The Masking Drain (Poem)

I am an autistic adult.
I spend all day at work masking.
When I come home, it’s a relief.
No more masking.
But all that masking means
When I get home, I melt.
I collapse from lack of energy.
I can’t do chores –
No more executive functioning.
Some days I cry.
Others I stare at my book
Or take refuge in my phone.

I am a teacher.
I spend all day wondering
How many of these kids
Feel the same way I do?
How many drain themselves
To or past their limit
Every single day
Just to fit in?
Do the neurotypical kids?
Maybe the introverts.
But the kids who are disabled
I feel sorry for.
I try not to ask too much of them.
I cringe when the teacher yells.
I see their struggles.
I know when they go home
They melt down
They have no more energy
They can’t do chores
They can’t do homework.

I am an autistic adult.
I see your disabled kids.
Do you see them?
Do you see me?

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Why Interactions With Disabled People Are Important

I am autistic, ADHD, bipolar & have depression, PTSD & anxiety. My own disabilities have not stopped me from having ableist beliefs and being uncomfortable around visibly disabled people. In fact, my ableism has contributed to a large amount of self-hate around my disabilities.

I have been around “high-functioning” (adept at masking) disabled people, primarily neurodivergent or with common mental disorders similar to my own, most of my life. However, I have spent very, very little time in the company of people with less masking ability or with physical disabilities (excepting my mom – hearing impaired and Meiniere’s Disease).

With such little personal exposure, I was uncomfortable around obviously disabled people.

I started a job as a paraeducator in a high-needs classroom in late August. Suddenly I was surrounded by students who represented both my greatest fear for myself and a source of extreme discomfort. I initially was sure I would be unable to handle it and considered quitting.

But I didn’t quit. I learned about each student’s needs, I got to know them as people, and I gradually became more comfortable with them. In two months, I have gone from slight revulsion towards these students to a deep caring for them. And it’s not just them. Instead of steering clear of people in wheelchairs or visible mental impairments, averting my gaze, I go out of my way to open/hold the door for them, smile at them, and treat them like *people,* not diseases.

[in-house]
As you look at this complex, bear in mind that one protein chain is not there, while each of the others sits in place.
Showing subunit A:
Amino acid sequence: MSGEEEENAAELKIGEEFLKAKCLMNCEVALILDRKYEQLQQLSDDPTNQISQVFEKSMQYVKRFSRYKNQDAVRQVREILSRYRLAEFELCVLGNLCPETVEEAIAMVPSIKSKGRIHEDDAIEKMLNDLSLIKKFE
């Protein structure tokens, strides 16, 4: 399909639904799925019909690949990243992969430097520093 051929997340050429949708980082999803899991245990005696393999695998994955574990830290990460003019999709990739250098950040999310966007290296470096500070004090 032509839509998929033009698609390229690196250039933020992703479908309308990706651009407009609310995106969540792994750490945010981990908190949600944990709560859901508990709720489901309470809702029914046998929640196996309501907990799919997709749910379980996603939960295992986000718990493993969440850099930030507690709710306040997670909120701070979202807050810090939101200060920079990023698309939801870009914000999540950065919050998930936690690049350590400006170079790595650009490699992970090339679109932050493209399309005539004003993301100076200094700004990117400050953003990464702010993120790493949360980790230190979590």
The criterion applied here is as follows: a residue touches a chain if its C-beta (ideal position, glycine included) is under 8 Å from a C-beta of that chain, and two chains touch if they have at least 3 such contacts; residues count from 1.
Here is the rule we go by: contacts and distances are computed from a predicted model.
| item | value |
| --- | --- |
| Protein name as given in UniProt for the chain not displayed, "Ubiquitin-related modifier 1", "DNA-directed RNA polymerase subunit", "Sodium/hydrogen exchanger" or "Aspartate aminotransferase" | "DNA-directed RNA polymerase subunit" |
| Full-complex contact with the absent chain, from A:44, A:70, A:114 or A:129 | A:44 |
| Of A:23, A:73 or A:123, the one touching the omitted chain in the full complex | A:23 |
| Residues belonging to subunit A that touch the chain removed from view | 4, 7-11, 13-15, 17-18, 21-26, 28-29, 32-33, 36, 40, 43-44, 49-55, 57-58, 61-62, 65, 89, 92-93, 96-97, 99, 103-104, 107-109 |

The students who work with my kids do the same thing.

Isolating disabled people doesn’t just hurt them – it does EVERYONE a huge disservice. Integrating them into gen ed classrooms, even just for electives, makes a huge difference. Making accommodations for them in the workplace is absolutely worthwhile.

I’m so grateful I didn’t just give up on my kids. I know that I can be a powerful advocate for them and I am doing my best.

I hope that, if you feel a similar discomfort, you’ll examine why – and consider how you can be a better community member to disabled people around you.

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Facing Down Mental Health Stigma

A short story about mental illness and medication stigma.

I don’t remember when my mood instability really became an issue. I know it was by the time I was a preteen, but it might have started before that. My depression got really bad by the time I was in double digits, and I was suicidal when I was 12. I tried to act on it but chickened out when I was 14. Against my vehement objections, I was put on antidepressants, which helped – a bit. My mood was still volatile and I was a nightmare to live with.

It seemed to be cyclical and linked to my menstrual cycle, so at age 16 I voluntarily went on the pill and stopped getting my period regularly. Again, it helped somewhat. I was still having extreme mood swings, but I didn’t have hormones adding to the problem.

My moods were still extreme, and could change in the blink of an eye. I never had stereotypical manic episodes, so no one suggested bipolar. I went through several different antidepressants, now desperate for a solution.

When I was about 20, my psychiatrist at the time suggested mood stabilizers. I balked. I was just depressed, wasn’t I, that was growing to be a common and accepted condition, I wasn’t ~crazy~. I continued to experiment with different antidepressants and new combinations, finally finding one (my current 100mg sertraline/60mg duloxatine/100mg trazodone) that mostly worked.